Very often patients tell me that they feel as though they don’t have enough time in their lives.  They feel as though they are on a constant treadmill fulfilling their duties and responsibilities with no time ‘for themselves’.  They have no time to shop for healthy food, no time to prepare it even if they have managed to get it, no time to eat properly and no time to relax.  I really feel for them.  It’s a terrible state of affairs.

When such patients come in for their first consultation I notice that they talk quickly, the words come tumbling out as though there isn’t enough time to tell me everything that they need to.  It seems like there’s no space between the words and no space between the thoughts.  Not surprisingly they often complain of poor sleep due to the incessant chatter in their heads at night.

When I take their pulse I notice that there are no clearly defined gaps between the beats. I know when I feel that type of pulse that the patient needs astringent herbs, especially Aesculus, more commonly known as Horse Chestnut.  Aesculus tones of the cardio-vascular system and one of the effects of this is that the pulse becomes better ‘defined’.  I have also observed time and again the ability of this herb to assist with the creation of boundaries in people’s lives.  They report back during follow ups that they have been able to start saying ‘No’ to people and feeling more clear about what is important and necessary.  Many people take on too much before their health is up to it.  They need to be selective while they are rebuilding their energy and resilience.   

Maybe the obvious advice to these people would be to calm down, to start meditating or doing mindfulness practices. Realistically though you can’t expect someone caught up in this pattern to be able to comply easily. Their whole body is programmed to rush.

As a herbalist I know that if the body is in better balance then the mind will follow, after all there is no separation between body and mind.  The first line of treatment in my clinic then is to help tone the cardio vascular system and to create space between the beats of the pulse. Once this is in place the patient will be much more receptive to meditative or mindfulness practices.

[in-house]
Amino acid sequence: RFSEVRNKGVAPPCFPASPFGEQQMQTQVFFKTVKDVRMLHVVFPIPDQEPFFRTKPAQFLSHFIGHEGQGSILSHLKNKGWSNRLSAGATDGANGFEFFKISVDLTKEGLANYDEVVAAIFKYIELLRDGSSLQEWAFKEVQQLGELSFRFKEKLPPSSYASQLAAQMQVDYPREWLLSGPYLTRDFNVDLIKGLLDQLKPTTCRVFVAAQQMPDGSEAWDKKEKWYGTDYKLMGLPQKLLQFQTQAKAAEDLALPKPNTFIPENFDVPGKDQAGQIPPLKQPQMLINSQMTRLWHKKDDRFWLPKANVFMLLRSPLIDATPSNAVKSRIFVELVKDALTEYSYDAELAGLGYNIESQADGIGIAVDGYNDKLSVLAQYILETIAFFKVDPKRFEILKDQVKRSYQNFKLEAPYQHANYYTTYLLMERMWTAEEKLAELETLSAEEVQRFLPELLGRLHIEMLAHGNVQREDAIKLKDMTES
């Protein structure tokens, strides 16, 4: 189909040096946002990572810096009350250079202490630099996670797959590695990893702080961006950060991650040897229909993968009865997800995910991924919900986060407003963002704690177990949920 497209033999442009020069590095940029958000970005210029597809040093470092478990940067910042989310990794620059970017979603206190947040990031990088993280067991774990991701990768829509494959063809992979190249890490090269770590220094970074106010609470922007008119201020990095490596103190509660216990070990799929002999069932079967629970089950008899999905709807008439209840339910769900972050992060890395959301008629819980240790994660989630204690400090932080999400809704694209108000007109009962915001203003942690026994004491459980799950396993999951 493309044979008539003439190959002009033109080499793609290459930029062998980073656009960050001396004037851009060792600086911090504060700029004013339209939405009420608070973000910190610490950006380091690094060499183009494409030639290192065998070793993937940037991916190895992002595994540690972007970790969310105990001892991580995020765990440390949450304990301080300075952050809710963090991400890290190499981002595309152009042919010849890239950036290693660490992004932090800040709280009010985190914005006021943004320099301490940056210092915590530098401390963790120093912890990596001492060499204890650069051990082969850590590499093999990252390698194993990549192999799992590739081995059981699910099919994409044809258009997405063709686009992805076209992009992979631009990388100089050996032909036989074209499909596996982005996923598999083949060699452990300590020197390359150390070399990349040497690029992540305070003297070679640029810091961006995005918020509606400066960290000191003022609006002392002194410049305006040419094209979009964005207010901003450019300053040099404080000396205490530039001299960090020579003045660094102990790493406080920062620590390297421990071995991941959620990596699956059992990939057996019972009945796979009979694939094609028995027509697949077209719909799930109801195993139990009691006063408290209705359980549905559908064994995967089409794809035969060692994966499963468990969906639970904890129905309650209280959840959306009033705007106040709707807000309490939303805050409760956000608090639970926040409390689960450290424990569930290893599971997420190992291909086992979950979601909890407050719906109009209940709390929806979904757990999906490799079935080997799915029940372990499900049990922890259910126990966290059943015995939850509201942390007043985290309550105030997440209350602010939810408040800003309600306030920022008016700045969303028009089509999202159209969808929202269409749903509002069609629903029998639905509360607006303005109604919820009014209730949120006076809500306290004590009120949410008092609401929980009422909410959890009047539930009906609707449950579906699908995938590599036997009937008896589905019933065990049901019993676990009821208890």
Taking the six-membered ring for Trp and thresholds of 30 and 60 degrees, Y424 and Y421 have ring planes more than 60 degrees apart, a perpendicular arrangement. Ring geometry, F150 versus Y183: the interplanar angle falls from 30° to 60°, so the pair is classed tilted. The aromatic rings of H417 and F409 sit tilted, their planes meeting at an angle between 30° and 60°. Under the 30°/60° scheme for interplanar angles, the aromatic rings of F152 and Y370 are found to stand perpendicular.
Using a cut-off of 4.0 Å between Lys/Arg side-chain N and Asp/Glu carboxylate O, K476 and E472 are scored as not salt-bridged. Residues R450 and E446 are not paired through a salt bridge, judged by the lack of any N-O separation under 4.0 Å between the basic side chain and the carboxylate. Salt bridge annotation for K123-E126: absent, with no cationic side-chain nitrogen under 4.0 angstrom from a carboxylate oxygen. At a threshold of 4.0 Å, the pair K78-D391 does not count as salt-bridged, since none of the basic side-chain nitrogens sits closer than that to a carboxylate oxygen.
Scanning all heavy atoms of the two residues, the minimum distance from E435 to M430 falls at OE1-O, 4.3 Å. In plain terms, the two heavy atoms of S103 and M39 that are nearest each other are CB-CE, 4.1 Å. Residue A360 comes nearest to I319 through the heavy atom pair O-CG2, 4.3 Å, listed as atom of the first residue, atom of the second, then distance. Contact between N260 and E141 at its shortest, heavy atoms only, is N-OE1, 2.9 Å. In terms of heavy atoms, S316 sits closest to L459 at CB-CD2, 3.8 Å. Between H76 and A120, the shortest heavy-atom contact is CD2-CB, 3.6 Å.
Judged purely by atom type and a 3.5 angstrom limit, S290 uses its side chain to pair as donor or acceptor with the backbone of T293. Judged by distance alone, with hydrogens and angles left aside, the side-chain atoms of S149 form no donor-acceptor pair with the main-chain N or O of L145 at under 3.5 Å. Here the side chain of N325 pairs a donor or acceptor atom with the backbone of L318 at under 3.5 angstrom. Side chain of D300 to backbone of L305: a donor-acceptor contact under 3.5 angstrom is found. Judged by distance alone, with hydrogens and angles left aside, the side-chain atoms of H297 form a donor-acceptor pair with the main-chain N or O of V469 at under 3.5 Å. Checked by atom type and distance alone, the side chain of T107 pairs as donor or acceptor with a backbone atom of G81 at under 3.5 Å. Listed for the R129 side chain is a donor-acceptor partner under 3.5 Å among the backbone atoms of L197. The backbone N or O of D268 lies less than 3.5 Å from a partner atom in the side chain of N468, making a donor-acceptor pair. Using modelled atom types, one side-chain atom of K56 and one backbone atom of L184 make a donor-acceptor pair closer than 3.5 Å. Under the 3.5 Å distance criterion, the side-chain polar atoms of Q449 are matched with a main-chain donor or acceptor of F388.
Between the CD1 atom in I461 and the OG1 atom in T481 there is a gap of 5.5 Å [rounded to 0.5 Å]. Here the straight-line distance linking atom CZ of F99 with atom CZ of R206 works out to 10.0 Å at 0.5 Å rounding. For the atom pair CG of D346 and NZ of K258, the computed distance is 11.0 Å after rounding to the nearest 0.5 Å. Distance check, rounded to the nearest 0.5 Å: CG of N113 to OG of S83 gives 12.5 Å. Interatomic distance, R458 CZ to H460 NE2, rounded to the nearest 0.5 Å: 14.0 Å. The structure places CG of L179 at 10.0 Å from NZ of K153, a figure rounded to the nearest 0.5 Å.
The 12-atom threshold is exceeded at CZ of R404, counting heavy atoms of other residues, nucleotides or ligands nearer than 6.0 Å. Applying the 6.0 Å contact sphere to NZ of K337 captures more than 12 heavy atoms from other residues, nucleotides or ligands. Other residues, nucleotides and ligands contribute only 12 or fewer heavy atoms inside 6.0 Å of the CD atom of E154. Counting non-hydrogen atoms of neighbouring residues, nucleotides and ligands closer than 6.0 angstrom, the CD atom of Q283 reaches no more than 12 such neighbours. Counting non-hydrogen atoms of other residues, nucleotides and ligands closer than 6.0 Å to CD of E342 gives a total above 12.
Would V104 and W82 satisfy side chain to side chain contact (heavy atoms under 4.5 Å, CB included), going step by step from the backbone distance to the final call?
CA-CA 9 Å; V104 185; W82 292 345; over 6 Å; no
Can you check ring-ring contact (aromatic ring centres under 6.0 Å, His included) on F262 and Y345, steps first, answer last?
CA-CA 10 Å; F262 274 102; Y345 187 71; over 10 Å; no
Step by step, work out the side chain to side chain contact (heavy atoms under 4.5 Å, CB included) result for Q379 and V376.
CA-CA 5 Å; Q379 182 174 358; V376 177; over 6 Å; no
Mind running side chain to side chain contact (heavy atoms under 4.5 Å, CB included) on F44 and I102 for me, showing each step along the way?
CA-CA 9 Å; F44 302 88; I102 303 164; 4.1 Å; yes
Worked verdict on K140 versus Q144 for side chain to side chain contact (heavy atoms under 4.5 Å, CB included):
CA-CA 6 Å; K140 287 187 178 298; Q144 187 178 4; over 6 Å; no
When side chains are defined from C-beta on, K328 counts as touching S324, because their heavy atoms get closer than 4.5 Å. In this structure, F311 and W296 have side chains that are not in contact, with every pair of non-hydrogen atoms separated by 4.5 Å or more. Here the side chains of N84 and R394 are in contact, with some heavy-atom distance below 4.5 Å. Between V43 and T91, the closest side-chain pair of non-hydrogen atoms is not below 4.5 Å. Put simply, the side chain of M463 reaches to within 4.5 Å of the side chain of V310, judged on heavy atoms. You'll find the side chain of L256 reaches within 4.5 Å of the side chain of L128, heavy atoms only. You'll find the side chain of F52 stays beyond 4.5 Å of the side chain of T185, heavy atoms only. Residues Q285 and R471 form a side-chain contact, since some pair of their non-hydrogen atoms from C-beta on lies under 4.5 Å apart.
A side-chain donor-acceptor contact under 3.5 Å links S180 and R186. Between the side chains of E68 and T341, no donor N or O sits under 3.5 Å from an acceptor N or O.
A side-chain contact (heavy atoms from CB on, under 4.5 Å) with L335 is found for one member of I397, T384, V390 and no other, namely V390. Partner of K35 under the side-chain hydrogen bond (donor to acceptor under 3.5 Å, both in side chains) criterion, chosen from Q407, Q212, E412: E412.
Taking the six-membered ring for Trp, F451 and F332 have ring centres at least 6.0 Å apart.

With the introduction of meditation and more space in their life the patient feels a huge sense of relief. Time seems to slow down.  The pulse feels different too.

To find out more about Myrobalan Clinic please visit www.myrobalanclinic.com

Posted in News | Tagged , , , , , | Leave a comment

Making Infused Herbal OIls

Herbal infused oils are like gorgeous jewels

Herbal infused oils are like gorgeous jewels

Each summer I love to make infused herbal oils. Infused oils are a really good way of preserving the healing properties of herbs which will be used later in the year to make ointments or other external treatments.  The properties of the finished oil will depend on the herbs that you have used. For example Chilli infused oil will be heating and stimulating, Lavender will be soothing and healing, Comfrey will be good to heal sprains and injuries, St John’s Wort has a particular affinity for inflamed nerve endings so is really good for post herpetic neuralgia (after shingles) and Mullein Flower infused oil is brilliant as an ear oil.  

Making infused oil with fresh St John's Wort flowers

Making infused oil with fresh St John’s Wort flowers

To make an infused oil all you need is lots of the fresh herb picked when it is absolutely dry on a hot sunny day, a kilner jar and plenty of oil. You can use any oil which contains good amounts of Vitamin E.  I usually use olive oil but choose the mild version as it has a less pronounced smell. You can also use safflower oil, rapeseed oil and if you are feeling flush, almond oil or even jojoba oil.  As safflower has specific properties against bruising I choose it when I am preparing infused oils to make my bruise ointment.

Using a double boiler to make an infused oil

Using a double boiler to make an infused oil

Generally in the summer you can make infused oils by packing the jar full of the herb, covering it with oil and leaving it on a sunny windowsill for three weeks. Make sure that no herb is sticking out above the level of the oil and that the jar is packed solid with herbs.  Alternatively if you need your oil more quickly you can make it in a couple of hours by heating it gently in a double boiler or a slow cooker.

 

Straining and bottling

Straining and bottling

Once the oil is ready you strain it through a piece of clean muslin or a coffee filter in a colander. You can squeeze it out or press it, but don’t be too enthusiastic at this stage or you will end up with a cloudy oil.  I tend to filter it again using a coffee filter as it is going into the clean dry bottles.  Be warned it takes ages to go through the second filtering process so be prepared to leave it and get on with other jobs.  It is worth the wait though as you will end up with a clearer brighter oil which will keep much better.  The second filtering seems to remove the watery component of an oil made with fresh herbs.  Once it is in the bottles make sure you label it and then store in a cool dark place.

St John's Wort oil turns red as it infuses

St John’s Wort oil turns red as it infuses

My favourite infused oil is St John’s Wort because it visually demonstrates the wonderful alchemy of herbal medicine. You pick bright yellow flowers, add them to a jar with greeny olive oil and then watch in wonder as the whole thing takes on a gorgeous vibrant red colour.  This is due to the release of the oil soluble medicinal ingredient, hypericin.  You can see the oil glands in a St John’s Wort leaf if you hold it up to the light. You will see that the leaf seems to be full of pin pricks – hence its name Hypericum perforatum.